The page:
I have managed to plant some rhubarb and two red currants, but the walking onions, a blueberry and another red currant are not yet in the ground.

I may have some lettuce and spinach, but I have not sown the second set yet.

I do not have my peas and beans in the ground yet.

I have prepared about 60 seedling pots but only have about 15 filled.

Radishes, Spinach and Lettuce
I wanted to have a new bed for some tall sunflowers, it is still not underway.

I do not have the time to get it all done!!!!!

I really wanted this year to the year in which most of my produce from June 1st to October 15th would come from my garden

Thursday, May 5, 2011

The birth of a cocktail

Earlier this week we had guests over for dinner to visit with our out of country guests. We had dinner under control and all was well when Bernard, my husband, suggested it was time for margaritas. No Margarita mix. What to do? Make up a cocktail.

Inspiration. I whipped out the Chocolate bitters I had recently bought after trying them at Culinaire in a cocktail whipped up by the Oak Bay Marina restaurant. Borrowing further inspiration from their use of citrus tequila, I grabbed some lemons and zested them. Wanting it not to be sour I added sugar and hot water to dissolve – and realized that I was about to make alcohol spiked lemon water. Pause. Rethink. Dump it in a pot and boil to reduce.

Back to the cocktail shaker. In go the chocolate bitters – which truly taste a lot like bitter chocolate – now what... Simple syrup (kind of) boiling, not that. What goes with chocolate and citrus? Almonds. Yum. Almond flavouring in. Vodka in. Now I am feeling like I have a cocktail on the go.

Grab another lemon. Try to do the cool peel like in a French 75 – get a inch and a quarter long limp string of zest. Close enough, into the bottom of the martini glasses.

Guests are arriving, more glasses. The pressure is building, dinner is almost ready, got to get this thing out.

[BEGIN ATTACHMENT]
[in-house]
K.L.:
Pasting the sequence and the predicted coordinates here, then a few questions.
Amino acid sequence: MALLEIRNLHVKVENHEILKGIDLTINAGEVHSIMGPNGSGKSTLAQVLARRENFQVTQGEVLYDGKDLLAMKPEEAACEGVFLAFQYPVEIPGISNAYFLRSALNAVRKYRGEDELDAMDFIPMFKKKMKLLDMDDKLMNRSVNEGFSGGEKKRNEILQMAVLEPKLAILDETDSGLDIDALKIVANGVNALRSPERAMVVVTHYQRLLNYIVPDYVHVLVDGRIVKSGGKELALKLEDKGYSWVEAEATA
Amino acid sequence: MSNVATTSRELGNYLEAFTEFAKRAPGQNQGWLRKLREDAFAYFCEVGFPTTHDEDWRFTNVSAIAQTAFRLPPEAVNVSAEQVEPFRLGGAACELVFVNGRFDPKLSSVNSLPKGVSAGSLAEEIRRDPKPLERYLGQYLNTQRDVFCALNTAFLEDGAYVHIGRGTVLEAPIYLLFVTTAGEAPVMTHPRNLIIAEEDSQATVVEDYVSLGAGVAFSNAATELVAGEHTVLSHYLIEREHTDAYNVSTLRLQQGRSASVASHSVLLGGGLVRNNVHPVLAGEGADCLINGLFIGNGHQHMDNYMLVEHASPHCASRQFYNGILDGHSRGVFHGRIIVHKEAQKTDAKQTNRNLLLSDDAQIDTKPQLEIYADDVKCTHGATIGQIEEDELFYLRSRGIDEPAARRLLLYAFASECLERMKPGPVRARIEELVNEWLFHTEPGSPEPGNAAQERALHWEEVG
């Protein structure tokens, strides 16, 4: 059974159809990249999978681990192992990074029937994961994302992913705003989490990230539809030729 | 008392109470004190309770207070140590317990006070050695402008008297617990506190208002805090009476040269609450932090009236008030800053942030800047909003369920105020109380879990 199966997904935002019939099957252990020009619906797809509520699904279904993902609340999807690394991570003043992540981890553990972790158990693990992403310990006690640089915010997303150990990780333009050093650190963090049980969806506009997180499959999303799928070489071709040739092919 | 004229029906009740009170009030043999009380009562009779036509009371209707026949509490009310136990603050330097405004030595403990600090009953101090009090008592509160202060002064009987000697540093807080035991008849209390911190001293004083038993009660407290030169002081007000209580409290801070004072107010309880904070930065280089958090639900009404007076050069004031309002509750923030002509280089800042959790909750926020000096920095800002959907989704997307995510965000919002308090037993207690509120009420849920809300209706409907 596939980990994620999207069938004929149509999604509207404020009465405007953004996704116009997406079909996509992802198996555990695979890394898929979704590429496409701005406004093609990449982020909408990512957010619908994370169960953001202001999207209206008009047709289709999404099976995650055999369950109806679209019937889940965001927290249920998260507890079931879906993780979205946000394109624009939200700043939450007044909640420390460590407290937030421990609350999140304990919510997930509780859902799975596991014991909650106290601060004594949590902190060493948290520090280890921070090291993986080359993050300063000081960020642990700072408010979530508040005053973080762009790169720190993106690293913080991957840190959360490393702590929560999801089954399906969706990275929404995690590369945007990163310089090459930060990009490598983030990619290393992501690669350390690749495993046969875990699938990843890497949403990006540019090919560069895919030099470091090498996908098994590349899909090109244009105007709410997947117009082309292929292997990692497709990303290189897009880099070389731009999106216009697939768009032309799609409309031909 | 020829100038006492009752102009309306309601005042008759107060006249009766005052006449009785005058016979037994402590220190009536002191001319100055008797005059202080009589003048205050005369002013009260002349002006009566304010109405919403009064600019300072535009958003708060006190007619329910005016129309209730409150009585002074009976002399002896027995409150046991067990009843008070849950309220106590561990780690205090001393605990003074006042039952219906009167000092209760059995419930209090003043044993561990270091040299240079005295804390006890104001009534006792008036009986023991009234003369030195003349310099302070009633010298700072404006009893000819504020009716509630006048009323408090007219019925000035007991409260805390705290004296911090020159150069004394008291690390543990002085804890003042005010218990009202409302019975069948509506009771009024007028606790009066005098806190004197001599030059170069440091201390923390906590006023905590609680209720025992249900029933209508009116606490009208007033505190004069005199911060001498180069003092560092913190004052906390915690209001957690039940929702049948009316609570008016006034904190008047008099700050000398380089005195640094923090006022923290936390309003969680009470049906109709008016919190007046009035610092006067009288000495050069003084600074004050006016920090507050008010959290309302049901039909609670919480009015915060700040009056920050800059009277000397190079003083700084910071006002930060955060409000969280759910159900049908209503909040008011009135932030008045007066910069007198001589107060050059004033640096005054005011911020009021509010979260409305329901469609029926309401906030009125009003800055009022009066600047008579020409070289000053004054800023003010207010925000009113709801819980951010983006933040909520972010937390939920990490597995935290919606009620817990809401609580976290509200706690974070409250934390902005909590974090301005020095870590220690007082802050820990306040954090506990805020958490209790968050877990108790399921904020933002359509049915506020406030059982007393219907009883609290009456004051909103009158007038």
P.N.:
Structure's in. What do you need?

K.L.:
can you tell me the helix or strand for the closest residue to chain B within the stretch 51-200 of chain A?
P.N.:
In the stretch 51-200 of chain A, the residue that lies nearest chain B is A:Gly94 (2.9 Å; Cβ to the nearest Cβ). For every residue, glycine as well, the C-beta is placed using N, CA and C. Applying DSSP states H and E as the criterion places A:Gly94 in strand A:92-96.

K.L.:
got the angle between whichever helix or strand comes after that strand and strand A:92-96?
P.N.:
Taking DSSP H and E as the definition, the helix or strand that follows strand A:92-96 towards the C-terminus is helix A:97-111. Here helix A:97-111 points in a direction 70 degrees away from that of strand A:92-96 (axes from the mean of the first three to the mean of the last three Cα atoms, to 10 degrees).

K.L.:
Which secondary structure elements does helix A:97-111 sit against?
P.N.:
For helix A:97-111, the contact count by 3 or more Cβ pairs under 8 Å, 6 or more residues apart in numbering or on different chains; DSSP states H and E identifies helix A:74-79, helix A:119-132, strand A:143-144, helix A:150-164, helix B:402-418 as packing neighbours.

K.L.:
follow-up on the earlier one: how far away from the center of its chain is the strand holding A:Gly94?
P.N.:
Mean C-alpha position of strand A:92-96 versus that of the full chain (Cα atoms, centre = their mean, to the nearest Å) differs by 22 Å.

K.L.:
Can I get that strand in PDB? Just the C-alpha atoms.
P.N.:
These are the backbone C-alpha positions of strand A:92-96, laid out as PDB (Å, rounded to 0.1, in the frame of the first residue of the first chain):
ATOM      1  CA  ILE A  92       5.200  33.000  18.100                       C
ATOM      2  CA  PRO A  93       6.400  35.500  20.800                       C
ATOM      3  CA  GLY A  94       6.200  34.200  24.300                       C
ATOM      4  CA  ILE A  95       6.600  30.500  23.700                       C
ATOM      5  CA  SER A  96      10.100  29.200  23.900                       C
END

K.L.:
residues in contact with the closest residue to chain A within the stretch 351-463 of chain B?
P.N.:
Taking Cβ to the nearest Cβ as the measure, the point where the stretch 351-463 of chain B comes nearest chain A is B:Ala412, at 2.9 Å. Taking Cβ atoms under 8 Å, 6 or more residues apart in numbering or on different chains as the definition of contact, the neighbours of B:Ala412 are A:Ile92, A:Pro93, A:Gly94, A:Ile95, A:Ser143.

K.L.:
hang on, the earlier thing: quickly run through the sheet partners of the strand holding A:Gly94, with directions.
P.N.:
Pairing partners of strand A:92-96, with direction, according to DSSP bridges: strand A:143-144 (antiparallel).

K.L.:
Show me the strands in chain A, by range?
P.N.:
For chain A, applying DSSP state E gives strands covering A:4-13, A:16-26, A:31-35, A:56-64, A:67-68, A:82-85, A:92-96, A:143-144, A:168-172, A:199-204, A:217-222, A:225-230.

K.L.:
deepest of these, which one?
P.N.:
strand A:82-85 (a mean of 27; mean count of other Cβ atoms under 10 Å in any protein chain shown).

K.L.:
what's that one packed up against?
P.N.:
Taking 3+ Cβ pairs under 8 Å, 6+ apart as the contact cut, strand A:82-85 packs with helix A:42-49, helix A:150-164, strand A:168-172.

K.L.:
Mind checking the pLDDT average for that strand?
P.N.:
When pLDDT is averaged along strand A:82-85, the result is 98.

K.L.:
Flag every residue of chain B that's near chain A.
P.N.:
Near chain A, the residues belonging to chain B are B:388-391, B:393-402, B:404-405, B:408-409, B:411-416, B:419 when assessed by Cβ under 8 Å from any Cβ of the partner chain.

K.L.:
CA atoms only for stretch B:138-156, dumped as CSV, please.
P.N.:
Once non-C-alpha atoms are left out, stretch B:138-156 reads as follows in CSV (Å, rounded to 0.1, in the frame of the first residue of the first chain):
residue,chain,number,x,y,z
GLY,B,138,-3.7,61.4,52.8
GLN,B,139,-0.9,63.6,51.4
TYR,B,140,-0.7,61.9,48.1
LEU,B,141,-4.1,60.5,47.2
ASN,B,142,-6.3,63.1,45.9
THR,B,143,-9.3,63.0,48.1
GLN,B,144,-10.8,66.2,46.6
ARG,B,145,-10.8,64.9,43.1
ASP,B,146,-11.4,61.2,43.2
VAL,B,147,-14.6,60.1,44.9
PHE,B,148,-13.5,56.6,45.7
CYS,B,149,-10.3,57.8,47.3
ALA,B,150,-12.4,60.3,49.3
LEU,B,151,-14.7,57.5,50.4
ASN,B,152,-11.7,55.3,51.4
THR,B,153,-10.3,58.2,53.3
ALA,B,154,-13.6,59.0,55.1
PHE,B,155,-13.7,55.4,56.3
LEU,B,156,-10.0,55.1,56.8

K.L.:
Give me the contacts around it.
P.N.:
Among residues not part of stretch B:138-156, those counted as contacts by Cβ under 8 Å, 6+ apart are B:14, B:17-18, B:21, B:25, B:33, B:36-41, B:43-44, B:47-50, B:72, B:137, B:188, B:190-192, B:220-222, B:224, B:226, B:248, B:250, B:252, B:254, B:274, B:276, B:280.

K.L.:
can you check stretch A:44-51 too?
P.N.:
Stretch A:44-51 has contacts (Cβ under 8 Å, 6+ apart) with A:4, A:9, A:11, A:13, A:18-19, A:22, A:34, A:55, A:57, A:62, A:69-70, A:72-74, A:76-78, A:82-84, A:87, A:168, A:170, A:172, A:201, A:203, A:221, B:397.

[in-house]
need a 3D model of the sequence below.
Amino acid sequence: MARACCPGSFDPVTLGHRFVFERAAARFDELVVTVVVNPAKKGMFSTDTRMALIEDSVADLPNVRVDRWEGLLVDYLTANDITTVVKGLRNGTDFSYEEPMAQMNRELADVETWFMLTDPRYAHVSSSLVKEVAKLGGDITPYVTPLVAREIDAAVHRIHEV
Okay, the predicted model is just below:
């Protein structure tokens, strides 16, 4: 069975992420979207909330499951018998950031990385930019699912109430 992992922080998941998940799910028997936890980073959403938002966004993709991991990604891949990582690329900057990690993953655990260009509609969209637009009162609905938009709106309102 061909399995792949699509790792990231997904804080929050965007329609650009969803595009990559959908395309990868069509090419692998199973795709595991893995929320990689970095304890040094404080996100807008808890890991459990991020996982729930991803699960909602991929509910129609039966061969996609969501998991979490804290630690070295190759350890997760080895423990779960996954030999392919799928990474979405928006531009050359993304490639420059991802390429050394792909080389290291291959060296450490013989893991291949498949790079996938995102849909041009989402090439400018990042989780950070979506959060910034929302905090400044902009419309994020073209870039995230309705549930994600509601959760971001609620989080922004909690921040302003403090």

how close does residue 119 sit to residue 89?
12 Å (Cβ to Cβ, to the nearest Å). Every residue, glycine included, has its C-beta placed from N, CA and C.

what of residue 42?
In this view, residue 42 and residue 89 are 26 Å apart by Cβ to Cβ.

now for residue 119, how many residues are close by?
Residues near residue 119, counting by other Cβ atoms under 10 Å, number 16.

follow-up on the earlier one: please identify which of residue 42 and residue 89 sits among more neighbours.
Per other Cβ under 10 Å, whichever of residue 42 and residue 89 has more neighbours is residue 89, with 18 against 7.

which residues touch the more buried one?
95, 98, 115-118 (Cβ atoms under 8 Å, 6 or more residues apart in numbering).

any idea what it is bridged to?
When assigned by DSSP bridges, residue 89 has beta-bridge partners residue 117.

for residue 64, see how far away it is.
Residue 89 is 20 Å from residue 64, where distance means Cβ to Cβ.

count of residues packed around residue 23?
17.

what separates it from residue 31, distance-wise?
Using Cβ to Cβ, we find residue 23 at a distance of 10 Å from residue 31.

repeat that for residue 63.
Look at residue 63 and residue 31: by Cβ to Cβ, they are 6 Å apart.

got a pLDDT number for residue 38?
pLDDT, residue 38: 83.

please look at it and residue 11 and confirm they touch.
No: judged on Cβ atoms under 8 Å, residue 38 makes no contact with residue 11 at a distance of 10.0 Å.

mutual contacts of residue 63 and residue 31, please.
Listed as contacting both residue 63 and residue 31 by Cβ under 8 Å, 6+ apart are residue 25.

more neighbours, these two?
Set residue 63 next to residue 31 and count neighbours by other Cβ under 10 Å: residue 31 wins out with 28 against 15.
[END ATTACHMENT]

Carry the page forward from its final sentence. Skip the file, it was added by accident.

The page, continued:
Hot syrup not okay for a cold cocktail. Ice into the shaker. Bits of zest and pulp floating in the syrup, not good. Strain. Okay. Into the shaker. Shake like the dickens. Into a pitcher with lots more ice. Pour over my poor little lemon peels, add some club soda to dilute the booze a bit. Serve.

Accolades?!?!?! It is a hit. It needs a name. In honour of the visiting 85 year old - who I know from experience can drink me under the table - the “Sabine-tini” is born....

Sunday, May 1, 2011

Masterchef Australia is BACK for season 3!

Sheila and I are just sitting down to watch epsiode #1 of season three of Masterchef Australia.   This is by far the best cooking reality show out there.

  • It is long - I think 85 episodes this year
  • It is really well done and not about bullshit game play.
  • You really get to know the people, and these people are like we are, interested amateur foodies.
  • Gary, George and Matt rock.

I watched Masterchef in the UK in the early 1990s when Lloyd Grossman was the host and had this pouncy drowning in the mid-Atlantic accent.  He really was the best part of the show as the rest of if was pretentious.

I watched Masterchef New Zealand and I did not like the hosts and the whole program had a lot fewer episodes making it less compelling.   The New Zealand format was the identical format used in Masterchef USA and the choice of hosts was not great.  I love Gordon Ramsay on TV when he is doing it in the UK, when he works for FOX he is not himself but a caricature.

The challenges are interesting and compelling, getting to know the people and seeing them grow is interesting.   It is also very well put together, the producer and director are brilliant.

Top Chef is good, but really pales in comparison even though Top Chef has serious chefs.   Iron Chef America is decent but has become stuck in a rut of the same pattern of the episodes.

All I can say is that if you like food and enjoy cooking, you need to watch this show.